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ILO Convention on Violence and Harassment BANNER

Female teachers in Scotland are experiencing higher levels of physical abuse from pupils and are receiving both physical and verbal abuse more frequently than their male colleagues, research from NASUWT-The Teachers’ Union, indicates.
Data from the Union’s recent Behaviour in Schools survey shows that 19% of female teachers in Scotland said they have experienced physical abuse or violence from pupils several times a week in the previous 12 months, compared to just 3% of male teachers.
While the figures show male teachers are more likely to face verbal threats from pupils, female teachers are more likely to have experienced actual physical violence. 19% reported having been hit or punched, compared to 12% of male teachers, 39% had been shoved or barged, compared to 29% of males. 11% had been kicked (compared to 8%). 9% had been spat at (compared to 6%) and 2% headbutted (compared to 1%).
While the survey indicated similarly high levels of verbal abuse against both male and female teachers, with 94% of male and 95% of female teachers experiencing such abuse in the previous 12 months, verbal attacks were more frequent against female teachers.
22% of female teachers said they experienced verbal abuse from pupils daily in the previous 12 months, compared to 11% of male teachers.
Female teachers described misogyny and sexism as being among the abuse that they are experiencing from pupils.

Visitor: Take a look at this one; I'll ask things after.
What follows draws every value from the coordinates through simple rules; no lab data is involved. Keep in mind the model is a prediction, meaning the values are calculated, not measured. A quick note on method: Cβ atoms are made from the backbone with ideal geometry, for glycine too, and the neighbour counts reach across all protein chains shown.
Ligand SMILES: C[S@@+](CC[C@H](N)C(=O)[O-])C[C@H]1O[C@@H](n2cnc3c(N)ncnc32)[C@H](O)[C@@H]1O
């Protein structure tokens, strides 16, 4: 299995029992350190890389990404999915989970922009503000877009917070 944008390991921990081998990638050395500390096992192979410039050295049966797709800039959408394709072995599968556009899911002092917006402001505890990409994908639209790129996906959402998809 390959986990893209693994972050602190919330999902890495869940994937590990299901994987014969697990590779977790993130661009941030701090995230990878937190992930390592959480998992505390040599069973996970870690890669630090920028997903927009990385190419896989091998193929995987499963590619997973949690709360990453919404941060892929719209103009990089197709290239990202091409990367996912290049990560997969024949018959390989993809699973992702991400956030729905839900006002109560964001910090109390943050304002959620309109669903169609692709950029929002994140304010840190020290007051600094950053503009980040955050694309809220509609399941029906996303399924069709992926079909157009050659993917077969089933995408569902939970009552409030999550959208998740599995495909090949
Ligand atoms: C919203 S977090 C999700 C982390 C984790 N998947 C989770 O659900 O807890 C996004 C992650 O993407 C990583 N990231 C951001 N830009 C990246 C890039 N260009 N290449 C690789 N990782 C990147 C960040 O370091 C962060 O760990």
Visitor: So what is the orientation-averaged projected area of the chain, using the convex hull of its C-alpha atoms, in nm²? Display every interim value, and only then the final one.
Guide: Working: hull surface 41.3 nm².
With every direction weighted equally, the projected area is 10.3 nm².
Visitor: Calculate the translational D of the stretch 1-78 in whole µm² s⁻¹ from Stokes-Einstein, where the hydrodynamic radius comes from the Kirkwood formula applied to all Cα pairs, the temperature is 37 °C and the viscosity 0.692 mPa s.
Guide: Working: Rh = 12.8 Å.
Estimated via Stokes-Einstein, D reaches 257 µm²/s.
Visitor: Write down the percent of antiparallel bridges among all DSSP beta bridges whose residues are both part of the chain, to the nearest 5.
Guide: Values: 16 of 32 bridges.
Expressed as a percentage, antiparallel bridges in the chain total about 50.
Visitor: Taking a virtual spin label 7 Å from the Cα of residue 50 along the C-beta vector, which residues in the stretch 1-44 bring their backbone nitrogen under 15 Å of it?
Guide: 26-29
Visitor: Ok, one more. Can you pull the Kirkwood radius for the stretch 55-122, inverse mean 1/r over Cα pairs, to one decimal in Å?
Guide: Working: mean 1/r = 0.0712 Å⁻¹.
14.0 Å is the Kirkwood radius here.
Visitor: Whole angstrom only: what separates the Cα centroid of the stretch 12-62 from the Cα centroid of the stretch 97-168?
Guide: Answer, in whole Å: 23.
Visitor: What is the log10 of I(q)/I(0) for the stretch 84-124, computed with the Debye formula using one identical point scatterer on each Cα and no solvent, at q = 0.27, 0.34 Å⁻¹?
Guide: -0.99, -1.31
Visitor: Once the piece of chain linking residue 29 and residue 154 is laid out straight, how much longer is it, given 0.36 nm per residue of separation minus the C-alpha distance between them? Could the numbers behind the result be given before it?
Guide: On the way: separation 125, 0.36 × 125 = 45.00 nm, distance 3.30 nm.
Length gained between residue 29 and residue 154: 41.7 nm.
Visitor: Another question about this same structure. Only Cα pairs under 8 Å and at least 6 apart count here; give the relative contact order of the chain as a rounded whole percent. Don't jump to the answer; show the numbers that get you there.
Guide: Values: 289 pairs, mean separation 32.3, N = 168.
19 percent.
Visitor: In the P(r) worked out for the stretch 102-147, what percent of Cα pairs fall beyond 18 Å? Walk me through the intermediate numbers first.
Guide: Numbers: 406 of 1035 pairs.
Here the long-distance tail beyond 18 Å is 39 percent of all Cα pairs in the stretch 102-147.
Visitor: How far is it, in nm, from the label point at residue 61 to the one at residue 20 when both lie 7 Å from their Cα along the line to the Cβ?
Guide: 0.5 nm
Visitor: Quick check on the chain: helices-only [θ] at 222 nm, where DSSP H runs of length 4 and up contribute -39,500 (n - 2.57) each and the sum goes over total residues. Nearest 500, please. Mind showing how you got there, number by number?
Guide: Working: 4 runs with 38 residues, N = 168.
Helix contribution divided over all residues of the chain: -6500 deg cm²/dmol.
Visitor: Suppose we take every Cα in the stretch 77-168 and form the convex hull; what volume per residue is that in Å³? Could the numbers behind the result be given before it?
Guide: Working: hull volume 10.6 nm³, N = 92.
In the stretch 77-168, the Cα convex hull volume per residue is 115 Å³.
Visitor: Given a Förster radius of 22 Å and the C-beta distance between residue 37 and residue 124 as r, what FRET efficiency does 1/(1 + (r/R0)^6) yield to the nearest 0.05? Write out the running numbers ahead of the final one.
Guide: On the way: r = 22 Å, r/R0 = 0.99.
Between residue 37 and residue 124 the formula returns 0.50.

The data is being published to coincide with the 16 Days of Activism against Gender-Based Violence global campaign which runs from 25th November to 10th December.
The NASUWT is calling for ministers and employers to take greater action to support schools and on social media to tackle the scourge of misogyny and gender-based abuse directed at women teachers, which also affects female pupils.
Jane Peckham, NASUWT Deputy General Secretary, said:
“We know from this survey, our casework and previous research that sexual harassment and sexism towards both female teachers and pupils in schools and colleges is commonplace and that the majority of incidents fail to be reported or dealt with effectively.
“We cannot hope to make our schools safe and secure places to learn and work unless the gendered element of managing pupil behaviour is also addressed.”

Mike Corbett, NASUWT National Official Scotland, said:
“Sexist and misogynistic abuse and harassment of female teachers and pupils in our schools is a daily occurrence.
“What women and girls are experiencing in schools is a reflection of a wider societal culture, which is why it cannot be left to schools alone to tackle this issue.
“Ministers and employers have a responsibility to step up. Women and girls should not continue to have their safety put at risk and have their daily lives blighted by sexist abuse.”


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